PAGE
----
with an input x = (x_1, x_2) and output y (one-dimensional) it is easy to understand/visualize, how the decision boundary looks like, when using logistic regression.
→ its a straight line

Is there a way to understand/predict of how the decision boundaries would look like, when using a deeper network (lets start with one hidden layer with two neurons)?
→ curved line

Can you point me to a good webpage that explains this… would like to get a good intuition of how these hyperplanes arise and form.

Let’s take your example: a single hidden layer with two neurons, followed by an output layer with one more neuron.
To simplify more, let’s use ReLU activations.

Each of those two first-level neurons is going to split the input space by the straight line where the ReLU goes from 0 to positive. One side of the line is zero, the other side is positive.

In the second layer we combine those values, and so in terms of the input space we have two lines, that split the input space into four regions. In one region both inputs are zero. In two regions one input is zero, the other positive, and in the final region both inputs are positive.

With more first-level neurons, there are (many) more regions that combine.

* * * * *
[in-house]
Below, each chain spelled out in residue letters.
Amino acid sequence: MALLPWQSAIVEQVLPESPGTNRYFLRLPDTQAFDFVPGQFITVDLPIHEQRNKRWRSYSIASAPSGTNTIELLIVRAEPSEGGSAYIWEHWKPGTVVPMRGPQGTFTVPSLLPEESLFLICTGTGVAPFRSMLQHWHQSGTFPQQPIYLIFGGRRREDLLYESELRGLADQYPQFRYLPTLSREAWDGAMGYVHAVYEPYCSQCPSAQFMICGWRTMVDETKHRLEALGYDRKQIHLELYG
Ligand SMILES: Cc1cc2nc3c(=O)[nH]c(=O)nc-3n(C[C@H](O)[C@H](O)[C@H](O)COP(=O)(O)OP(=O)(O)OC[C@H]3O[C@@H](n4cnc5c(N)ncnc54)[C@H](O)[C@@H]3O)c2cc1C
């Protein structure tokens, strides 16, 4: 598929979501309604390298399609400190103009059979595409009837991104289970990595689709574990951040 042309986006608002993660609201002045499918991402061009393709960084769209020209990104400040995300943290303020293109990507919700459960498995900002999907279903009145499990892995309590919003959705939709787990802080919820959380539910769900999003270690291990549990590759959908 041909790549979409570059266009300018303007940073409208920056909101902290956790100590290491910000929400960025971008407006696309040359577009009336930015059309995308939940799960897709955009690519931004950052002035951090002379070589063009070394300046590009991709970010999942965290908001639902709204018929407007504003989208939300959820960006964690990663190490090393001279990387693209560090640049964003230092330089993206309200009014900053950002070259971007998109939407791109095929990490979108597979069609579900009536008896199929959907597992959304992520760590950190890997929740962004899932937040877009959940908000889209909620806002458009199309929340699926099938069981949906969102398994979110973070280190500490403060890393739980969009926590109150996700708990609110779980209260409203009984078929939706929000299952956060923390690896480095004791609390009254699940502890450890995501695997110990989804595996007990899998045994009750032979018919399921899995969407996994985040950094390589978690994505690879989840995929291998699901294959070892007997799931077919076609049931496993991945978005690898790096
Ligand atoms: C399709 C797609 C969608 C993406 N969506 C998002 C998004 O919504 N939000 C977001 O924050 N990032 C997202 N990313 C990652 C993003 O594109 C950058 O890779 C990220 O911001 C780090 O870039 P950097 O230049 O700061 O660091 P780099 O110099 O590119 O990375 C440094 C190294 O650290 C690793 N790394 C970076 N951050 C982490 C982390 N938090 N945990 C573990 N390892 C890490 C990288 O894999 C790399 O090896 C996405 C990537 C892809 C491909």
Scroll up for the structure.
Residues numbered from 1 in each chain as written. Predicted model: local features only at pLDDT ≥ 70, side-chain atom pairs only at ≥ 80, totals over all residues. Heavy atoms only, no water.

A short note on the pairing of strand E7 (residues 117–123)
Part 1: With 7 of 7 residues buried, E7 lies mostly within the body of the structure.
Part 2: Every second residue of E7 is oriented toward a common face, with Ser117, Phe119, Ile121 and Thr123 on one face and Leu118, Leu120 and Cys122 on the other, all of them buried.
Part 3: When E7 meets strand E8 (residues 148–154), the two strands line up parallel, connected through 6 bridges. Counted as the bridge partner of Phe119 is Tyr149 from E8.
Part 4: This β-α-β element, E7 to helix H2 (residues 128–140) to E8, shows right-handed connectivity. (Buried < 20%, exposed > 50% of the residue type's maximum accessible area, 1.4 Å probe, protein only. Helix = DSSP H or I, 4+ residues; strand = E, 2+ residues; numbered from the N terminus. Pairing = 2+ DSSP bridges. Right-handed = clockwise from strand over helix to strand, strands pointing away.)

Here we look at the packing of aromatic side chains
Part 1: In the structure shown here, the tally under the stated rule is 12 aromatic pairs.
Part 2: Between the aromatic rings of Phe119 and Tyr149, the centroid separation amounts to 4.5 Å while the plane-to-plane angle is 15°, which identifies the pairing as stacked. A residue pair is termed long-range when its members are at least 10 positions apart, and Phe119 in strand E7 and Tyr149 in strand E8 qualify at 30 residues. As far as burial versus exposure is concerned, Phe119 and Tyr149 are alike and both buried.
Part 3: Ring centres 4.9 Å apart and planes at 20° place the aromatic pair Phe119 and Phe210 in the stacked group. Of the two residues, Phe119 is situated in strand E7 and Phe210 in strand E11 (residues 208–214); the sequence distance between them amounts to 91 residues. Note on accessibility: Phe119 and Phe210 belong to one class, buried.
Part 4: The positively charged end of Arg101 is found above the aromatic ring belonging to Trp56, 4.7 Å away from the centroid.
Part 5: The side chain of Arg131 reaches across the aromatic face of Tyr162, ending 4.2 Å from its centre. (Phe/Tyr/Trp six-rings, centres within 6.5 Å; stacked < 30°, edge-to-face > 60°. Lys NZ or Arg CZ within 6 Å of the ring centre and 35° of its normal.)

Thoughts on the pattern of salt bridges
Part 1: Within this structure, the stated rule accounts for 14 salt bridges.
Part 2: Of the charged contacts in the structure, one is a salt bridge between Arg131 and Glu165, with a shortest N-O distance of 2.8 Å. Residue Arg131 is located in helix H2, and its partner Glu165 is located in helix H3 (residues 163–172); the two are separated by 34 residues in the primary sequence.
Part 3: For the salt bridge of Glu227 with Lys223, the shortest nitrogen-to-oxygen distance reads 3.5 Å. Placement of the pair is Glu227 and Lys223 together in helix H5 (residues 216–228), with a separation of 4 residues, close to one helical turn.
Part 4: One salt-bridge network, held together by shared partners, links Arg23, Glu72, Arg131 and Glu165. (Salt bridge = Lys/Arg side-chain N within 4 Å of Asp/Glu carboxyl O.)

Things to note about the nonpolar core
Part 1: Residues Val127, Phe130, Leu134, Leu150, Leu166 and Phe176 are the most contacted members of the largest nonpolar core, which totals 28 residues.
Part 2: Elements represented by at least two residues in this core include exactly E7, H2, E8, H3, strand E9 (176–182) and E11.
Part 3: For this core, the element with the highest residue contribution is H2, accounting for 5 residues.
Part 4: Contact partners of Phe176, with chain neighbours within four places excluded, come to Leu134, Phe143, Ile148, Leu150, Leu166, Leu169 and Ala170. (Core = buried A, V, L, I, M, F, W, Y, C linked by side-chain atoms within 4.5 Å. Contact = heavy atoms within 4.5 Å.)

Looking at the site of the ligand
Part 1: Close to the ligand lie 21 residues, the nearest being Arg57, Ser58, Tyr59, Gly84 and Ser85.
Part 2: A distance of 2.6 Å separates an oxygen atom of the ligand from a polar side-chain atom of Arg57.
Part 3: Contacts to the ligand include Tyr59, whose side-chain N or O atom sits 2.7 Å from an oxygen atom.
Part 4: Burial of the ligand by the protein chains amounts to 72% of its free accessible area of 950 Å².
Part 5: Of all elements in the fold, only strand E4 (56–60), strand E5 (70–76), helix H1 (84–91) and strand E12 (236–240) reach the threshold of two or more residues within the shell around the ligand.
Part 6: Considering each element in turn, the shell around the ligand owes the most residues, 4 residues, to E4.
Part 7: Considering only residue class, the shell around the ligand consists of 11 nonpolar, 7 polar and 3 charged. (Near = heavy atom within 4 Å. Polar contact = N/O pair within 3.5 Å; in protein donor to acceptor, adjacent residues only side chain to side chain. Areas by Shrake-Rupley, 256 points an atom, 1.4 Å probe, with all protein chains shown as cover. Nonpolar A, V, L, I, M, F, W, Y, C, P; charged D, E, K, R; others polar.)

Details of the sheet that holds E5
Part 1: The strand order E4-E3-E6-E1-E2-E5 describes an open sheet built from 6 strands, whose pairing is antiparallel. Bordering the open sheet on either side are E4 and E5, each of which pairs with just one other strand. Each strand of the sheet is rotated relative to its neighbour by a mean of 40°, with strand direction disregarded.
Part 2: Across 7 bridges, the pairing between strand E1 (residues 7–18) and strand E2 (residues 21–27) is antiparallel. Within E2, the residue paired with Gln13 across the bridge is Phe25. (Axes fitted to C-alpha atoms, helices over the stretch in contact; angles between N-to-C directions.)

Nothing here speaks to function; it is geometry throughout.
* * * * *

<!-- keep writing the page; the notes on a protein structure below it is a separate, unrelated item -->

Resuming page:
With ReLU activations, the final value that we get to is a piecewise linear (and continuous) function of the inputs. That can help you visualize what it can do.

Week 3 uses planar classification as the assignment to help build some of this intuition. I’d also recommend playing on the Tensorflow Playground to be able to explore more network options and how they split the input area.

Then I like the following (stupid-sounding) exercise. Take a planar classification problem as the one to solve, with the target being a single triangle shape. Now design by hand (no learning algorithm) a neural network (using ReLU I suggest) that will classify the inside vs outside of that triangle. What lines do you you use as the first layer dividing lines? How many first layer neurons do you need?

Try that exrecise: I’m sure you will gain some insight: then you can try to think or code through some variations (more complicated, non-convex shapes; different activations; does a network learn parameters like the ones you designed; does learning handle noisy training data well?)

Another good place to play with different network architectures is definitively TensorFlow playground, where you can change the number and shape different layers and other major hyperparameters. It provides nice illustration that may help you with getting a better intuition on how decision boundaries look like as network complexity changes.

Your triangle example is a good analogy. Just a follow up question. I understand the concept of classifying a triangle’s inside and outside by drawing three (3) boundaries at each side of the triangle. The 3 planes will then enclose the “inside” of the triangle. I’m assuming each layer of the neural net represents one (1) boundary plane or side of the triangle however what is the intuition behind how many neurons we need to create that boundary? Could this be achieved with three layers with one neuron for each layer? Also couldn’t the classification occur with just three (3) linear regression lines? Thank you a ton!